FARNBOROUGH, England — Saab showed off its developmental RBS15 Mk4 anti-ship missile dubbed the Gungnir at the Farnborough Airshow, stressing that the focus of the work is to deliver it for integration on the Swedish Air Force’s Gripen E fighter so the service can retain this capability when in-service versions become obsolete.

Sweden is still operating a 1980s version of the weapon in the form of the RBS15F, an airborne derivative of the Mk1 surface version. However, this capability is set to become obsolete on its Gripen C/D aircraft because the weapon will soon lose maintenance support, and so Saab is prioritizing the development of the airborne version of the Gungnir so Sweden can bring into service both the new aircraft and weapon as soon as possible to retain its anti-ship capability.

The development of Gungnir, or Odin’s spear, was contracted by the Swedish FMV defense procurement agency in March 2017 under a SEK3.7 billion deal — followed by a contract for further production that April — and is expected to enter service in the mid-2020s on the new Gripen E fighter.

Sweden’s incumbent RBS15Fs — the airborne versions — are coming to the end of their shelf life, Saab notes, as the weapons generally have a 15-year shelf life and a 30-year service life.

It will also equip the Swedish Navy’s Visby-class corvettes, but the primary concern is to integrate it into the Gripen E, Saab says.

“Everything is driven by the Gripen program,” said Michael Höglund, vice president and head of marketing and sales for missiles systems at Saab Dynamics.

Four generations of the missile will have been developed by the time the Gungnir is in service, although only the first and last have been designed for airborne integration, while all are suited for surface use.

Mk3 is currently being delivered and will continue to be developed and supported for a number of years, but the missile can be swapped out for the Mk4 once development of this is completed, Höglund said. Enhancements generated through Mk4 will roll into Mk3.

In 2021 the missile will be delivered for testing onboard Gripen, with first live firings intended for 2021-22.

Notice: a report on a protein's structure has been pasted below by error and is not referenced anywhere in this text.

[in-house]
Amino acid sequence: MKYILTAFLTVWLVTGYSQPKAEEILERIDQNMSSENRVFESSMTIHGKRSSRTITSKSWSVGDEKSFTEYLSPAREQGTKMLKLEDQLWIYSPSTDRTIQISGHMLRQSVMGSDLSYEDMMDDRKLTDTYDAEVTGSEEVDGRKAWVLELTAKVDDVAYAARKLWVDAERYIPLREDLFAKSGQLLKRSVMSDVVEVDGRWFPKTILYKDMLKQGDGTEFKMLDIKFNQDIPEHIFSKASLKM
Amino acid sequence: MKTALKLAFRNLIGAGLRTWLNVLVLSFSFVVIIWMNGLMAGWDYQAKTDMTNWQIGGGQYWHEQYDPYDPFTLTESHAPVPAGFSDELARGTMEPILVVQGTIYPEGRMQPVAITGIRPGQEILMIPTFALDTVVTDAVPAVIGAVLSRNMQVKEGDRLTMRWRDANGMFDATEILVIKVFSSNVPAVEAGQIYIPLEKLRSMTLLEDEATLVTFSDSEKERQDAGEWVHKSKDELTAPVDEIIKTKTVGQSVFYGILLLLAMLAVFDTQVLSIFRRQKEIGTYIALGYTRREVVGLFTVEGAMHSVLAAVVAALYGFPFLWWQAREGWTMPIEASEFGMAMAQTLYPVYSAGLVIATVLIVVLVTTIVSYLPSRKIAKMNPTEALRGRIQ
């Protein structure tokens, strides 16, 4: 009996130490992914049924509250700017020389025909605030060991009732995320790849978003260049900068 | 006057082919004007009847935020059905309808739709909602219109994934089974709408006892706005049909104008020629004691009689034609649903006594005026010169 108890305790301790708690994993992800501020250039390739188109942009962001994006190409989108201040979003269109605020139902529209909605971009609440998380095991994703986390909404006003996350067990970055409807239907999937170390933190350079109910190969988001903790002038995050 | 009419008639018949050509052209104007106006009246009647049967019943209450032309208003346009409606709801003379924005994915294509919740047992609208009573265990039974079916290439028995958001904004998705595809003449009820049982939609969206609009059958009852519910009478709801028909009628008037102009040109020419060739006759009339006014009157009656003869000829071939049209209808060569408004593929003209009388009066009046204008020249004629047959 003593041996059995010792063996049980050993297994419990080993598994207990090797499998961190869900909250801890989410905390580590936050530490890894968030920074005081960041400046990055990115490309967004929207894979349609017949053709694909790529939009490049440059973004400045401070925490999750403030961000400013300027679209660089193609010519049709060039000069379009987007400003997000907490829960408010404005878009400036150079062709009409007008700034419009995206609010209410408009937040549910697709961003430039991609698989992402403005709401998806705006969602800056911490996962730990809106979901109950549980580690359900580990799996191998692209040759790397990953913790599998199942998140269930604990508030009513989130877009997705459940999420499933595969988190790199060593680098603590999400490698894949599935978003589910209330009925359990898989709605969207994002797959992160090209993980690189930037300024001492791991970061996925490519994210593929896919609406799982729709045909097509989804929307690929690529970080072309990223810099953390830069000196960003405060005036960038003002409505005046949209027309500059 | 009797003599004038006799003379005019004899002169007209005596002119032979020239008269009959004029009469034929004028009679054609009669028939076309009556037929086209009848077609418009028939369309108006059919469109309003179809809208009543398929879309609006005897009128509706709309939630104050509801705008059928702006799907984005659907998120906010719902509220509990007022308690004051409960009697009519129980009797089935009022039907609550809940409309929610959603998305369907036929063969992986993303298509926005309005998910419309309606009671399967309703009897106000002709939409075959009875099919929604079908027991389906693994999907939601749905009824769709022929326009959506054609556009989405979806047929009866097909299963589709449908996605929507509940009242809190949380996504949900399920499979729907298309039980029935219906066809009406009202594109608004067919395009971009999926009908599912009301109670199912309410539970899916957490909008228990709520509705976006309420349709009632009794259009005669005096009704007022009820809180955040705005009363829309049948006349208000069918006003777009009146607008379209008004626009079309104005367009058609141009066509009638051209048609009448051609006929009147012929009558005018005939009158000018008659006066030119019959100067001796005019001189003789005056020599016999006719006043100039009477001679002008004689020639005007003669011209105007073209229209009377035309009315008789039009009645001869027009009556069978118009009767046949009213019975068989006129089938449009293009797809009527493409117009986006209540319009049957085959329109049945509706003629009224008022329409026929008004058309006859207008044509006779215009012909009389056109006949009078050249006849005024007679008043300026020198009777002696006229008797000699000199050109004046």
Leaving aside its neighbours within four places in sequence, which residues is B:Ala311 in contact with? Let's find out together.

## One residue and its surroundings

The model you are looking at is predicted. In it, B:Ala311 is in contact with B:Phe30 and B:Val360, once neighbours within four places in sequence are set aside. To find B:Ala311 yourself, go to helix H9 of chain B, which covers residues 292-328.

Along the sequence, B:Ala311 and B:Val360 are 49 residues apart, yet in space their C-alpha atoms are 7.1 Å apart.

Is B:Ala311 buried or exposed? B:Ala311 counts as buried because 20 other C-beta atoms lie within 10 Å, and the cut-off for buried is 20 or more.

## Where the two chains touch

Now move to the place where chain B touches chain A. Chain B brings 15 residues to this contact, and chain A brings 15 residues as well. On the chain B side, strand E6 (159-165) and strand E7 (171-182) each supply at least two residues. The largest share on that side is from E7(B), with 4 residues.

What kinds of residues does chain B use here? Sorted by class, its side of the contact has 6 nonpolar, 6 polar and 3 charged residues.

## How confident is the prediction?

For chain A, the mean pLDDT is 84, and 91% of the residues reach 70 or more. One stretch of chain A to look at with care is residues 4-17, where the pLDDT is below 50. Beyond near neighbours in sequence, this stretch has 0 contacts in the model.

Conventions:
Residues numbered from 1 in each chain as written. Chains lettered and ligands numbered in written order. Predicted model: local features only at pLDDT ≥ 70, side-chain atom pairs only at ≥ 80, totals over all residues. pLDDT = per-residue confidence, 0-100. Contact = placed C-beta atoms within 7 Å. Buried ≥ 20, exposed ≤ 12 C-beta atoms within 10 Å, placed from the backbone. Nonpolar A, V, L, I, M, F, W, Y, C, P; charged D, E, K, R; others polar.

The company will also target maritime patrol aircraft (MPA) and other fighter markets for the missile, as well as potentially even the C/D variant of Gripen, although Höglund noted that there are no ongoing requirements for this at the moment.

Eurofighter Typhoon was noted as one possible fighter that could benefit from the RBS15, as well as the company’s own Swordfish MPA.

There are emerging requirements for an anti-ship missile to be introduced on fighters, including from Malaysia, and the enhanced performance of the Mk4 in comparison to the Mk1 may help Saab expand RBS15’s aerial use outside of Sweden — and in parallel up the appeal of the Gripen E for ongoing requirements. Kuwait is additionally acquiring the MBDA Marte anti-ship missile for its Typhoon fleet, demonstrating that this type of weaponry is appealing for fighter operations.

The Mk4 will have a sea-skimming range of some 300km, and although Saab could not reveal the exact range of the Mk1, the new version is expected to be triple that.

It will also have an anti-jam capability, will be fitted for but does not come with a new data link, and is a composite design that reduces the weight of the system.

Brazil has committed to acquire the Gripen E fighter, but Höglund claimed that there is no production contract for the RBS15 from the nation yet, although it will be easy for the air force to acquire it at a later date.

The missile is designed in partnership with Diehl Defence, which joined the programme when Saab was selling the Mk3 version to the German Navy for use on the K130 corvette. The company provides 25 percent of the content, and is responsible for the final assembly.